We had the good fortune of connecting with Cessilye R. Smith and we’ve shared our conversation below.

Hi Cessilye R., what role has risk played in your life or career?
To be Black in America is a risk. A risk stamped on us from conception until death. So what role has risk-taking played in my life/career? Everything. Over eighteen months ago I took a risk by providing programs to the community of South Dallas through Abide Women’s Health Services. I did this without the funding, without the support, without having firm guidelines in place, and without a well thought out and detailed plan. I took a risk just in merely existing as a Black woman that is unapologetically anti-racist. I risked losing support from more conservative followers and risked rubbing people the wrong way. I risked not being taken seriously because I am no practitioner. I’ve placed a great deal of sweat equity into my work from the start, which came with much sacrifice from my family…I risked it all blowing up in my face. Risk-taking is something that is in my DNA. After gaining more insight into my lineage, I’ve come to realize that part of my cultural narrative derives from the Kru tribe. The Kru people were known for their act of resistance to colonization. They would rather end their own lives than be enslaved. They were also excellent navigators of the sea. Risk-taking along with navigating various systems is something that I now know makes sense. I was born with it.

Can you give our readers an introduction to your business? Maybe you can share a bit about what you do and what sets you apart from others?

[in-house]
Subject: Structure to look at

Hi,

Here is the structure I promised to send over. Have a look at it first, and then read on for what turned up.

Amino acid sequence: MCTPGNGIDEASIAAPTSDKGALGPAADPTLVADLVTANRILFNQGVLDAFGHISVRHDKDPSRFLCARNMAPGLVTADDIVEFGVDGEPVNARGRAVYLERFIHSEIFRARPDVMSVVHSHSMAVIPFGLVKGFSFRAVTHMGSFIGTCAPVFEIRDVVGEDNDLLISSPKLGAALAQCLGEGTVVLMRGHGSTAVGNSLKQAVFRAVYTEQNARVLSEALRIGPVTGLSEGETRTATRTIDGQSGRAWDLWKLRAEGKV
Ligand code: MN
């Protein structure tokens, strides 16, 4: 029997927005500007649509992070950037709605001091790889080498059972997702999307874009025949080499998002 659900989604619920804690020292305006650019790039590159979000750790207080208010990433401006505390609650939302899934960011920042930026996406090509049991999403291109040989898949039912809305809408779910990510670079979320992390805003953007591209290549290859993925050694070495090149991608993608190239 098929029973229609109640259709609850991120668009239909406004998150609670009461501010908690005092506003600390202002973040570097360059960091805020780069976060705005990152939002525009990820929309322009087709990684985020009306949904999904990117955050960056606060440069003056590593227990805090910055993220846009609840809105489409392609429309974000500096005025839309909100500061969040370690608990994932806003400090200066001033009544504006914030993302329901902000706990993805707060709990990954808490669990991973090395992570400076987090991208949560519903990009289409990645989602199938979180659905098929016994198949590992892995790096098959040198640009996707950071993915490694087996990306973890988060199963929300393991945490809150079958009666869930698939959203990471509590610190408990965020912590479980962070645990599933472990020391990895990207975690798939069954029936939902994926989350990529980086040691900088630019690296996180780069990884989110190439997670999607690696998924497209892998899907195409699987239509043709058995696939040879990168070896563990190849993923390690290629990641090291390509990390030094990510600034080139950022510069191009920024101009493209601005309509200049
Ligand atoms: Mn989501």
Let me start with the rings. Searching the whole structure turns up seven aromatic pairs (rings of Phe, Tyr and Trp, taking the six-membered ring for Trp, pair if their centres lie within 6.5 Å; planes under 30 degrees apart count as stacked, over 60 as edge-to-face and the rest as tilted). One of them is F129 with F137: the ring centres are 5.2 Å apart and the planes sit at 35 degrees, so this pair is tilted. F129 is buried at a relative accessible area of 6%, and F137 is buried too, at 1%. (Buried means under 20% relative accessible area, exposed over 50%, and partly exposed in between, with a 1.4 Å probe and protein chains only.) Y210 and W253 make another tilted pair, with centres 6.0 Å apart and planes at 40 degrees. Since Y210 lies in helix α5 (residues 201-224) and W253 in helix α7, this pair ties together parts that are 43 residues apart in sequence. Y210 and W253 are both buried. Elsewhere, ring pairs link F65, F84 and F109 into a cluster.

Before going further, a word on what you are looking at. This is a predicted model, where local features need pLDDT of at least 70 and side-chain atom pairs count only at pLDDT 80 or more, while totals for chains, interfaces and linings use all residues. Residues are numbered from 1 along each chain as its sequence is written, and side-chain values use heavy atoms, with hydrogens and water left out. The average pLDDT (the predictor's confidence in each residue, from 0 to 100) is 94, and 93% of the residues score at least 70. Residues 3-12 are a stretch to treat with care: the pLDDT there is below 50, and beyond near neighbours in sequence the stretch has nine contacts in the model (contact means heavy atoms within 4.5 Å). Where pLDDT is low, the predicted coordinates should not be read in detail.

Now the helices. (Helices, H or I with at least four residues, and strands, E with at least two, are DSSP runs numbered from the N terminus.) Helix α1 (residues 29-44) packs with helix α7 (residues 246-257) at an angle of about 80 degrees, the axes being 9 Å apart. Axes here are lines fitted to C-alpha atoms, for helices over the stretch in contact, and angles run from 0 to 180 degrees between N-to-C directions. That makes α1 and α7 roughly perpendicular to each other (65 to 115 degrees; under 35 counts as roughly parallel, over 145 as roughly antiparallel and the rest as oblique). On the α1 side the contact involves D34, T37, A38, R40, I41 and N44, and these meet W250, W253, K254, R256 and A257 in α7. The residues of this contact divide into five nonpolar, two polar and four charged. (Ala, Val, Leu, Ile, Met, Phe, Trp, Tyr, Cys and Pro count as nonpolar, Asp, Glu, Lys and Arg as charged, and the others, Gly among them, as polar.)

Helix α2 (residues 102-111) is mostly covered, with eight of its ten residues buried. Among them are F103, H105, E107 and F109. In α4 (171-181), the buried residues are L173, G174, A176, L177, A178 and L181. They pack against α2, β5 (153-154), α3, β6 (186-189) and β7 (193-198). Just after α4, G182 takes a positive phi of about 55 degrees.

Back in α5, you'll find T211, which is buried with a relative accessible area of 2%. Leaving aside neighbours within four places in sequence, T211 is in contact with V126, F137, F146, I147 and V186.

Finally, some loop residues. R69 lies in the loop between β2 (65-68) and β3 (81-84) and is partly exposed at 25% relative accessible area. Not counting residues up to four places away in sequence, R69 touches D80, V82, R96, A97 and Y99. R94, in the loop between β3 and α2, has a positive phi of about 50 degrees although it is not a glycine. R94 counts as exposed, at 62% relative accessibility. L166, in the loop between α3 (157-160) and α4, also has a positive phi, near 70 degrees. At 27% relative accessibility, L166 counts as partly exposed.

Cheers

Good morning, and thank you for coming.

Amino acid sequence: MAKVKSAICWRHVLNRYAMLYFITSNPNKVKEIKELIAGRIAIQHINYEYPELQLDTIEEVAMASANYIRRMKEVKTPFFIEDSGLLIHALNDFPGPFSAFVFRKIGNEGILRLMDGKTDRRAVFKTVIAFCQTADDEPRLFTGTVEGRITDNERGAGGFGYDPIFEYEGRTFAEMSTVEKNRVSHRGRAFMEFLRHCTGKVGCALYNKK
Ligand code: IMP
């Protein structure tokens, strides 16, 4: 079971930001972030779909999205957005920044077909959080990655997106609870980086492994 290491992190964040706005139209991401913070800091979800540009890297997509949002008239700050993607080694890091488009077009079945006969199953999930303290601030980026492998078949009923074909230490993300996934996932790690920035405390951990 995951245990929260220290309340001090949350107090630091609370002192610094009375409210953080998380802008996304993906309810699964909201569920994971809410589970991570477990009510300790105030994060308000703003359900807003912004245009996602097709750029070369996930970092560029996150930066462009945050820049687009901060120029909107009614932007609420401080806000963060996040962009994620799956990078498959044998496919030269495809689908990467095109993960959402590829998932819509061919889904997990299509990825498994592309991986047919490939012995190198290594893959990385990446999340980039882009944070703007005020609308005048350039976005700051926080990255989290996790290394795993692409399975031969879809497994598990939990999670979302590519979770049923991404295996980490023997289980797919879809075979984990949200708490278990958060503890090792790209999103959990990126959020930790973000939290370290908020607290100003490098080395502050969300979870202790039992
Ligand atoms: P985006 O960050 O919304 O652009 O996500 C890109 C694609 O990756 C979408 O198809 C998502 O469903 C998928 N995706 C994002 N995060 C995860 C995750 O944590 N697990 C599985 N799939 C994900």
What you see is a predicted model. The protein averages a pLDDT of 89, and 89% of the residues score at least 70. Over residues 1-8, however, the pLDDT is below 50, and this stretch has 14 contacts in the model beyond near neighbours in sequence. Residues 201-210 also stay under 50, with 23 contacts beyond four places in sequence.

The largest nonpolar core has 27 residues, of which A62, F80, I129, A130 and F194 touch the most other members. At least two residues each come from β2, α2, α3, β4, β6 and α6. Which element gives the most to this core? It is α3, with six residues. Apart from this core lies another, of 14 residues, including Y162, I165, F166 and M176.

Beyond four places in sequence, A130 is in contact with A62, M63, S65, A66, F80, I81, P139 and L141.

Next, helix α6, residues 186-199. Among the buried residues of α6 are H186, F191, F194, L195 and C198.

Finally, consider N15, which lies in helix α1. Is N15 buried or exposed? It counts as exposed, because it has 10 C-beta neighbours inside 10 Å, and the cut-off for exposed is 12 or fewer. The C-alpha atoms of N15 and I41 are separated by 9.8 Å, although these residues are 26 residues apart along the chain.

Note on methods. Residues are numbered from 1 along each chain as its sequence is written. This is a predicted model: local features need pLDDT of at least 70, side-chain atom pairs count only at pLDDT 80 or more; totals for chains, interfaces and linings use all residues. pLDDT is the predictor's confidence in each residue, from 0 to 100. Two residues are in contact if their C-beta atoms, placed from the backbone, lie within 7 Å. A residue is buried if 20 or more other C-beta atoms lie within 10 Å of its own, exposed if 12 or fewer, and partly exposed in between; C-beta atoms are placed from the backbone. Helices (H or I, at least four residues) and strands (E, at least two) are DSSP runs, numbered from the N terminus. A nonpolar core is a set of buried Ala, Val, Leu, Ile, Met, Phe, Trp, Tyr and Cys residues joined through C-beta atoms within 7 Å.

I lead a maternal justice organization called Abide Women’s Health Services. “We exist to improve birth outcomes in communities with the lowest quality of care by offering healthcare and complimentary services that are easily accessible, holistic, evidence-based and free from judgment”. Abide is located in the heart of Sunny South Dallas near the intersections of MLK Jr. Blvd and Malcolm X. After recognizing the reality of the devastating birth outcomes not only nationally, but right down to the community of South Dallas and quite frankly, the entire southern sector of Dallas. It became clear that something must be done. You see, Black women, die from childbirth-related causes at 3-4x the rate of white women and Black babies die at 2-3x the rate of white babies before they reach their first birthday. According to the 2016 Dallas County Health Assessment, South Dallas has the highest deaths in diabetes, heart disease, and stroke and we lead in low birth weight babies and pre-term birth. Leading normally implies a good thing but in this case, it is not. We have heard story upon story of great issues of environmental racism in the southern sector of Dallas and its contribution to cancer rates among already marginalized communities. There is something insidious going on in Dallas and its name is Racism. Michelle Obama said something that rings true. “Communities and countries and ultimately the world are only as strong as the health of their women.” So we aren’t here to change everything, that’s an impossible task, but we are here to care for women, birthing people and their children. We are here to center the lived experiences of BIPOC unapologetically. We believe that our role in the resistance starts first with ourselves and then with the mother. And our hope is that we create an environment that gives birth to justice. What set’s us apart from any other justice organization or clinic is our ability to navigate various systems that are bent on the destruction of the Black body, while simultaneously creating our own. Our commitment to rest, resistance and restoration is embedding into the framework of our daily lives. This places the humanity of our staff at the center and it bleeds out into how we treat our neighbor. Abide values equity, intrinsic human value, anti-racism, racial conciliation, redemptive justice, reparations, inventive systems and posture of heart. These values are what compel us to reach our goals of reducing infant and maternal mortality, low birth-weight babies, pre-term birth, increase breastfeeding rates and increase the number of Black midwives and birth workers of color. Our rock-solid values and commitment to introspection are what sets us apart. Abide WHS makes no sense. All I can say is #butGod. I was a mother and part-time doula when we started this organization, I currently have four children ranging from 1-9 and I have no college degree. Abide has grown into a movement that will one day be national. This road has not been easy, but it has taken risks and a great leap of faith to just do what God said to do with the faith to believe that if I ever were to fall, I’d be picked right back up.